This guest post was written by Brettany Renée Blatchley.
Shortly before Mother’s Day, my sister called and granted me a ten minute visit with Mom, who, I learned, had been hospitalized for a month with pneumonia.
After I gently “came-out” to her in a letter last autumn, Mom did not want to see me again nor speak with me. Earlier this year, she relented and called me for a quick chat, specifically prohibiting any talk about my transition and new life as a woman.
A few days ago I called, casually saying that I was passing by and would she be up to my giving her a Mother’s Day hug? I had driven two hours so that I could “pass by.” No answer; there were cars at her home with my sister. Mom never got my messages; I learned my sister’s husband prevented that.
Unexpectedly, my sister called my spouse Judi at the urging of my aunt, who is close to each of us. I was asked not to wear “dangle” earrings, which I took to mean that they did not want me to appear looking like a sex-worker. In the aforementioned letter, I had told Mom that I “blend-in” with other middle-aged women: imagine the leap.
Mother’s Day, at the appointed time, me, Judi and our son arrived moments before five more members of the family: my sister and her husband, and his son, daughter-in-law, and their 15 month old daughter. So my little sister is a grandmother: that’s news to me too.
I was dressed nicely in a cheerful new blouse with jeans, sandals, a slender silver necklace, almost no makeup, hair pulled-back and yes, I wore my pearl-stud earrings – really quite typical of how I dress all the time.
There was just enough time to greet Mom and hug her before the tiny room filled with family and a nurse. She is so frail that my gentle hug hurt her, but she looked glad to see me, relieved even.
Moments later, my sister made introductions, informing everyone that I was her brother, “Brett.” I was totally unfazed by this, seeing irony in the fact that I was in appearance, manner, and speech every bit a woman as the five other females present – and nothing like the three men! They seemed totally unfazed by the apparent incongruity.
The great surprise (I think) was that the visit went so normally – I am so comfortable and ordinary as a woman that everyone simply relaxed and we chatted about things, with Mom and the little-one being the center of it all. Knowing I am transsexual, I think they were all expecting me to be like a lumberjack-in-a-dress or like a flamboyant gay-guy in drag. I was not the “freak show” they apparently feared…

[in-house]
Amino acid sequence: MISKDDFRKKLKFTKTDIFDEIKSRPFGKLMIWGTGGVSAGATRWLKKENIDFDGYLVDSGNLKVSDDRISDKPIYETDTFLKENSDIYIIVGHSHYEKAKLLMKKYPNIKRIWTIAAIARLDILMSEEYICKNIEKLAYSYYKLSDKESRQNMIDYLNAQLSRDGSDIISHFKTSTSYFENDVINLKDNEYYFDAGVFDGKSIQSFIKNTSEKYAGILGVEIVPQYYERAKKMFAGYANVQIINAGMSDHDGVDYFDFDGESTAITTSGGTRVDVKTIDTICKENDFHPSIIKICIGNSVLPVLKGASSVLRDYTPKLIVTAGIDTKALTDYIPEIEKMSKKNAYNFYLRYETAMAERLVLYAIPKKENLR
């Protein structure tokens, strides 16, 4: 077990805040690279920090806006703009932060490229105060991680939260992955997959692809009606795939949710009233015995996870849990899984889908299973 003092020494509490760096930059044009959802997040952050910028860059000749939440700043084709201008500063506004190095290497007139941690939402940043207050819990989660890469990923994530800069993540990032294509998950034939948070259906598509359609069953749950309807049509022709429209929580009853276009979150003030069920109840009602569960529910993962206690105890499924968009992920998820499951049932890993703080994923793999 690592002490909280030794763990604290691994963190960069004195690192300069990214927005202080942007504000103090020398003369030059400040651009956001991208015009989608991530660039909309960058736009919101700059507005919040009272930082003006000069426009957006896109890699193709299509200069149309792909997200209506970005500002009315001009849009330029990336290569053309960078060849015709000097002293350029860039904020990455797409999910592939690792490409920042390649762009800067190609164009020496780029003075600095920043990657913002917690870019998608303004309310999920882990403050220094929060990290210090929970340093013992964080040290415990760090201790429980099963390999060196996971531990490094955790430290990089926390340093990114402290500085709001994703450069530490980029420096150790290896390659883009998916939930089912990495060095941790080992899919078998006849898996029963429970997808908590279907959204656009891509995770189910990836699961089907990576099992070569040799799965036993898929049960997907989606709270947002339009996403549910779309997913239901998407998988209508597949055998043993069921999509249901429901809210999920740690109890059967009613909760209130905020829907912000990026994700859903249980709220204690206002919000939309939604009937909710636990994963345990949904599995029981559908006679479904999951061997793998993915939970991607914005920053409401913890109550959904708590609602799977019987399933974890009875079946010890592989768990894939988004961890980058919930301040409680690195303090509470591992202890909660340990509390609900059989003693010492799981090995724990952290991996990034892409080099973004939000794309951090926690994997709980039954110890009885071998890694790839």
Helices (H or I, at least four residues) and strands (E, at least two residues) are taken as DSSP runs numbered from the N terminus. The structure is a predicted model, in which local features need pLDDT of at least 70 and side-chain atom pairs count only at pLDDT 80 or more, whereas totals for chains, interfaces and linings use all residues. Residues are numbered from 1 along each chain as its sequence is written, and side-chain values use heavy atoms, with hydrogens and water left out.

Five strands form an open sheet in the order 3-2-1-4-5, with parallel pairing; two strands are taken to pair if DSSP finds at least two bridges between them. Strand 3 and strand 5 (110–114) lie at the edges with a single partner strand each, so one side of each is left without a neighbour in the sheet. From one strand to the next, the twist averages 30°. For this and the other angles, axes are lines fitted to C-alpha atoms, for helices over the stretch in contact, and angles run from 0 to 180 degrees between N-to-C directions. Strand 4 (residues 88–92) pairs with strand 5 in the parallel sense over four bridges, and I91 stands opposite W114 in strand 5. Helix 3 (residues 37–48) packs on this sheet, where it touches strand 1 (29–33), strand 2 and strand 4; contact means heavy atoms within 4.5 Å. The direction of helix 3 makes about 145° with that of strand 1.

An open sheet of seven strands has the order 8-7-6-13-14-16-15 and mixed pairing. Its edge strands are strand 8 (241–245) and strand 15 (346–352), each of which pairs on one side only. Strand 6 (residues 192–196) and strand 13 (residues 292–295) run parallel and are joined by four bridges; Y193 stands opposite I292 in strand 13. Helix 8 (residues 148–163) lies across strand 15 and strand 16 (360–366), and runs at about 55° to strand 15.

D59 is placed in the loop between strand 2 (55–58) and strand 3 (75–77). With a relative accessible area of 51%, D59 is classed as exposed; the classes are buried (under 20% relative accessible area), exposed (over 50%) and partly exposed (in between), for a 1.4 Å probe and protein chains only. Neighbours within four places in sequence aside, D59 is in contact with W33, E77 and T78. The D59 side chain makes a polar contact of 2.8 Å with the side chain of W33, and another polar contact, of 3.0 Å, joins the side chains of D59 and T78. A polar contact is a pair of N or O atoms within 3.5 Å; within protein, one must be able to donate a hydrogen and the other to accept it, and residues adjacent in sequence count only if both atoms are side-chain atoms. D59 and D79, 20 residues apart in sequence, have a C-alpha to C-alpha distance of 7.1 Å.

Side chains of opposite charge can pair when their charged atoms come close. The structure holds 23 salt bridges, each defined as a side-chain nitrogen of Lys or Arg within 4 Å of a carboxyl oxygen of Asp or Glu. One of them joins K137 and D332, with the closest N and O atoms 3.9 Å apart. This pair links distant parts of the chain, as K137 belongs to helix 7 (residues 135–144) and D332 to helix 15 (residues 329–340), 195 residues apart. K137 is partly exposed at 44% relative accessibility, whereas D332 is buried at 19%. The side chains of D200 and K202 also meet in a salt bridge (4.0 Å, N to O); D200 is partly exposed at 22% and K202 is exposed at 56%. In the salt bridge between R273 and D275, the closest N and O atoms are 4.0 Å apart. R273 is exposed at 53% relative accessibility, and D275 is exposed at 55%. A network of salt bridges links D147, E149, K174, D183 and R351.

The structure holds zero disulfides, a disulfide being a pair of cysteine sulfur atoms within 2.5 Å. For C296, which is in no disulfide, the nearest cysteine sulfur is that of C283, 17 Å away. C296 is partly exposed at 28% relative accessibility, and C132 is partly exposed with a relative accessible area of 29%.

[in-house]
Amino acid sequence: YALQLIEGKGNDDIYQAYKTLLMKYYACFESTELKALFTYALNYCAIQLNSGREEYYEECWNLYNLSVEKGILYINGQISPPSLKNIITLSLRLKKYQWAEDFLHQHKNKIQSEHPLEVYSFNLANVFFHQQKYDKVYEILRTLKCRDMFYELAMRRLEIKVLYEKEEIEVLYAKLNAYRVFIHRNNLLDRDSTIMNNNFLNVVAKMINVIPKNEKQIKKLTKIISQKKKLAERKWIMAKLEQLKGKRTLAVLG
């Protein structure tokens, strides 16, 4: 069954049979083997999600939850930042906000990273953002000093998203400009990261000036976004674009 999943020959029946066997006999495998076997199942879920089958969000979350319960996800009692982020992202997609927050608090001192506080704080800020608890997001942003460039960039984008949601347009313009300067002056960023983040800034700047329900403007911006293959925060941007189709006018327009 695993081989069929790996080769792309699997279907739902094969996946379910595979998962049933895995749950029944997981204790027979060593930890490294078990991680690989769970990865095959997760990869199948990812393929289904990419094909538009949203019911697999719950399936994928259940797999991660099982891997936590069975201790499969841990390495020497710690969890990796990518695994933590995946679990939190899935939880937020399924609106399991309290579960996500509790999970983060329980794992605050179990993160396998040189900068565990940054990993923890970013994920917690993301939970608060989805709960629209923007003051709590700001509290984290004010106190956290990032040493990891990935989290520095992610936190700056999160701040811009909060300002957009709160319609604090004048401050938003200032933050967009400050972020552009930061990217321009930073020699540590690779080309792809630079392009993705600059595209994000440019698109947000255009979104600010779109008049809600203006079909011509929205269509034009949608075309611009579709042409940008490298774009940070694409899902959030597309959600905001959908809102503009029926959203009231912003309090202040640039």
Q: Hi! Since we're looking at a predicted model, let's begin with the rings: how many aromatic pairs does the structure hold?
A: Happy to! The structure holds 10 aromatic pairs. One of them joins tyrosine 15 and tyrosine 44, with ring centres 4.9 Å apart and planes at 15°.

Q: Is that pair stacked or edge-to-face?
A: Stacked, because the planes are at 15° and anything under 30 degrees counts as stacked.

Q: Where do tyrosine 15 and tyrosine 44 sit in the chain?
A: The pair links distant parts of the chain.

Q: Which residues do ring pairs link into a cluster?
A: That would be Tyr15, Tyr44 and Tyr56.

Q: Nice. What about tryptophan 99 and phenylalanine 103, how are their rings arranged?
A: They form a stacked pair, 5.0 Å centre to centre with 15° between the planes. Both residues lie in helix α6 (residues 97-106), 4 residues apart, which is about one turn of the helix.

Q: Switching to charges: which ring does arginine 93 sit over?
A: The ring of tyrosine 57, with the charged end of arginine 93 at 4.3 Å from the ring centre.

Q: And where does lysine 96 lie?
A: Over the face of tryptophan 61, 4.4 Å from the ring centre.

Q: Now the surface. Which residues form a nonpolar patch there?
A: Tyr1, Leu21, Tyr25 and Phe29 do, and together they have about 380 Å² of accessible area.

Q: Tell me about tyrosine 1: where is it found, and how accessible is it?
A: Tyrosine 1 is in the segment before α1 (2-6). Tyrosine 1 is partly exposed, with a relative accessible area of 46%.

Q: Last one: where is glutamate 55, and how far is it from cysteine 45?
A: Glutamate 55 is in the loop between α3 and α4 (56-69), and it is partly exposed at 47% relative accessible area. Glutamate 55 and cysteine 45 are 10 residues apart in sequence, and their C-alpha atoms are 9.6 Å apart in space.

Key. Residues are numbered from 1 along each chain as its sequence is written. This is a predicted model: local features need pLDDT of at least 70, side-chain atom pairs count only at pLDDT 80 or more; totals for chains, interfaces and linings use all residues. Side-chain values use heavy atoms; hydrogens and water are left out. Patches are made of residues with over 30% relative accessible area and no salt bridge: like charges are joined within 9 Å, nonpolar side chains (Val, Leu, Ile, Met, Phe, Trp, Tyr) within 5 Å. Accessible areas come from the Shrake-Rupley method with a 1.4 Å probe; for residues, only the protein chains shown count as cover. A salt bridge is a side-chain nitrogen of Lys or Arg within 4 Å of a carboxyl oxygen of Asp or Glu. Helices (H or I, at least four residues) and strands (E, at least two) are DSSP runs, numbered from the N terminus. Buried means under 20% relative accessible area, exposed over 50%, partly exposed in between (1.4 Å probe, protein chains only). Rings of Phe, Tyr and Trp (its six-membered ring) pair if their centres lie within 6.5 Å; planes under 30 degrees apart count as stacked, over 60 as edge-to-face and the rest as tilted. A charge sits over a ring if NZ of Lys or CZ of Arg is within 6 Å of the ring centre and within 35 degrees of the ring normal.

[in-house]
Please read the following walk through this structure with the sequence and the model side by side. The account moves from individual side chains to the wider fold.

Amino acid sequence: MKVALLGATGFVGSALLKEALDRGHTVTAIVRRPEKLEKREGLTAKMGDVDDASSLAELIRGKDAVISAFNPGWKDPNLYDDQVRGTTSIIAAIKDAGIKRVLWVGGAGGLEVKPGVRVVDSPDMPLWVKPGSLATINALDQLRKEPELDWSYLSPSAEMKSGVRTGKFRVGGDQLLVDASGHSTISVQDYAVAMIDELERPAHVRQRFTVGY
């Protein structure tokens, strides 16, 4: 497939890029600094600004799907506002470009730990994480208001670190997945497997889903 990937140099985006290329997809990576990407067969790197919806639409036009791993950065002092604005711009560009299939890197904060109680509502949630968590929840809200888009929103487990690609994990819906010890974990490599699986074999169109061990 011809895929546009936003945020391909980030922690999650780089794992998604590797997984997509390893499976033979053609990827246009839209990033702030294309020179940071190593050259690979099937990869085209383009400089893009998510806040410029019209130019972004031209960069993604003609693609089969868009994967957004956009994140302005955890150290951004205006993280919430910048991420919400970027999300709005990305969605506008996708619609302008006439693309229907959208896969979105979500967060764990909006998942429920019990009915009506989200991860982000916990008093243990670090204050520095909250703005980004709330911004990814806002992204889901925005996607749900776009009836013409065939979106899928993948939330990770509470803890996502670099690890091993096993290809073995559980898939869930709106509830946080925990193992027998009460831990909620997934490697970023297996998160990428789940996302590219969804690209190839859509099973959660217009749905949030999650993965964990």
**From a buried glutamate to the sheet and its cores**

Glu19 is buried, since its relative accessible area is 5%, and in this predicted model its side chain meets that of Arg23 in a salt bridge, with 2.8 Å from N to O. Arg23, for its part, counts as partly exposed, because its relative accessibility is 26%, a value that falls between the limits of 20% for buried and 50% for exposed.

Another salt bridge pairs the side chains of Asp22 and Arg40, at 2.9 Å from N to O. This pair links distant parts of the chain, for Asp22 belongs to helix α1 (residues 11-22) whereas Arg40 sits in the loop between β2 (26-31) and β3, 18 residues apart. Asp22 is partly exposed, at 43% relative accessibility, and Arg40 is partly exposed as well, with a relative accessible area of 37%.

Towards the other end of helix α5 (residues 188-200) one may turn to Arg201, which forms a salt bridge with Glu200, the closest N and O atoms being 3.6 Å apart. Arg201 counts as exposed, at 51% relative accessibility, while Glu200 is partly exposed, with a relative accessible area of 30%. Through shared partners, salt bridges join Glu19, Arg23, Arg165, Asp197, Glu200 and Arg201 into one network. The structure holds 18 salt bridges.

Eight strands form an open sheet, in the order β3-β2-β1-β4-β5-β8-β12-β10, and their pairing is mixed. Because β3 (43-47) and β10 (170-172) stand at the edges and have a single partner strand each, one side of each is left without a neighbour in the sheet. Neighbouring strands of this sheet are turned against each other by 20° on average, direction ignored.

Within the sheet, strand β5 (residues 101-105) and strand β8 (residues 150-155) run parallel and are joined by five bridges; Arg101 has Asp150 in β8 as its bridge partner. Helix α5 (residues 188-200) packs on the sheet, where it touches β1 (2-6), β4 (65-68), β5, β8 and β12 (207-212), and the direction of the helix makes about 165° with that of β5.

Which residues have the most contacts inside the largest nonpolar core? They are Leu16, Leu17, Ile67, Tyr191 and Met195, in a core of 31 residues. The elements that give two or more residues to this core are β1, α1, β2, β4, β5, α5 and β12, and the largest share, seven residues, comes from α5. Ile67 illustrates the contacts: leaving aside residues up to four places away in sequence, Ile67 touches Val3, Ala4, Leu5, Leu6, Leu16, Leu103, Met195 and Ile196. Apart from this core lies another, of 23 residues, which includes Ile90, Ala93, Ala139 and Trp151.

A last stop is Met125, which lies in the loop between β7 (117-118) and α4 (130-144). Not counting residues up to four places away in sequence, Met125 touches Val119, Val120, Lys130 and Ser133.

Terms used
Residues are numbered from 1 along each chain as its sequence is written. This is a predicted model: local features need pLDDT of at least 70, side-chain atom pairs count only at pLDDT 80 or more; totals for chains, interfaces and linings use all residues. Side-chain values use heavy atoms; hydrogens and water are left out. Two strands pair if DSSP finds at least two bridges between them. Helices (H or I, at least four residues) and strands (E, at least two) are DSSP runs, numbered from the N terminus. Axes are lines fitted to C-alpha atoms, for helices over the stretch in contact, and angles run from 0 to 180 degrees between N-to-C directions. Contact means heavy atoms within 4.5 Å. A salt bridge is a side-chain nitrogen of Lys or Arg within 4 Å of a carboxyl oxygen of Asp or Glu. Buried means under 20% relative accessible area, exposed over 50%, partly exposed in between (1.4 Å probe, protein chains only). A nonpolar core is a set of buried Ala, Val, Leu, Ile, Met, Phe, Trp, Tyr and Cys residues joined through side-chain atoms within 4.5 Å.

…The vibes I received felt like “Oh, it’s just Brett. He’s fine after all, apart from being a woman now, of course.”
Like Judi and our son, I strongly suspect they see me as a man who is a woman. They do not understand my womanhood, but they cannot deny the reality of it, and they did not seem threatened by it. I have come to expect this reaction from people who knew me before, at times verbalized like: “I can’t see how a man can be a woman, but somehow it just works for you.”
So, my family and I “passed the test,” and even my sister’s husband warmed-up to me, and we waved and shouted enthusiastic “good-byes!” in the parking lot, just as other close families do. How refreshing, and what a great blessing from God!
Epilogue: This last autumn of 2015, Mom overcame her cancer by passing into eternity. During our last visit together, when she was in the hospital, I shared with her about my gender confirming surgery and my effort to ready my body for breastfeeding. She replied, almost apologetically, saying “you know I will only ever be able to see you as my son?” To which I gently said, “yes, I know Mom. It’s okay; I understand it needs to be this way for some who knew me from before…”
…We shared with each other as much as the limited healing in our relationship would bear and her ebbing strength allowed. As I was leaving her for the last time, I turned to her, and spontaneously and simultaneously, we blew each other “see you on the other side” kisses. A gesture I share with others, this is something I never saw my mother do with anyone – it was a very feminine tenderness we shared, and something in my spirit suggested to me that this was her way of acknowledging my womanhood.
Only days ago, I spoke with my sister again – it was by far the most intimate conversation we have had since we were young. We shared our mutual vulnerabilities, her weariness in caring for Mom and others in her husband’s family, and finally about my need to transition and my life as a woman. Reflecting on our talk, I think that my sister is coming to see me for the woman I am, and, maybe someday, as her sister.
Image via Unsplash.
About Brettany Renée Blatchley
Renée Blatchley is a fifty-three year old, married transgender woman of faith. She blogs at Gracefully Trans.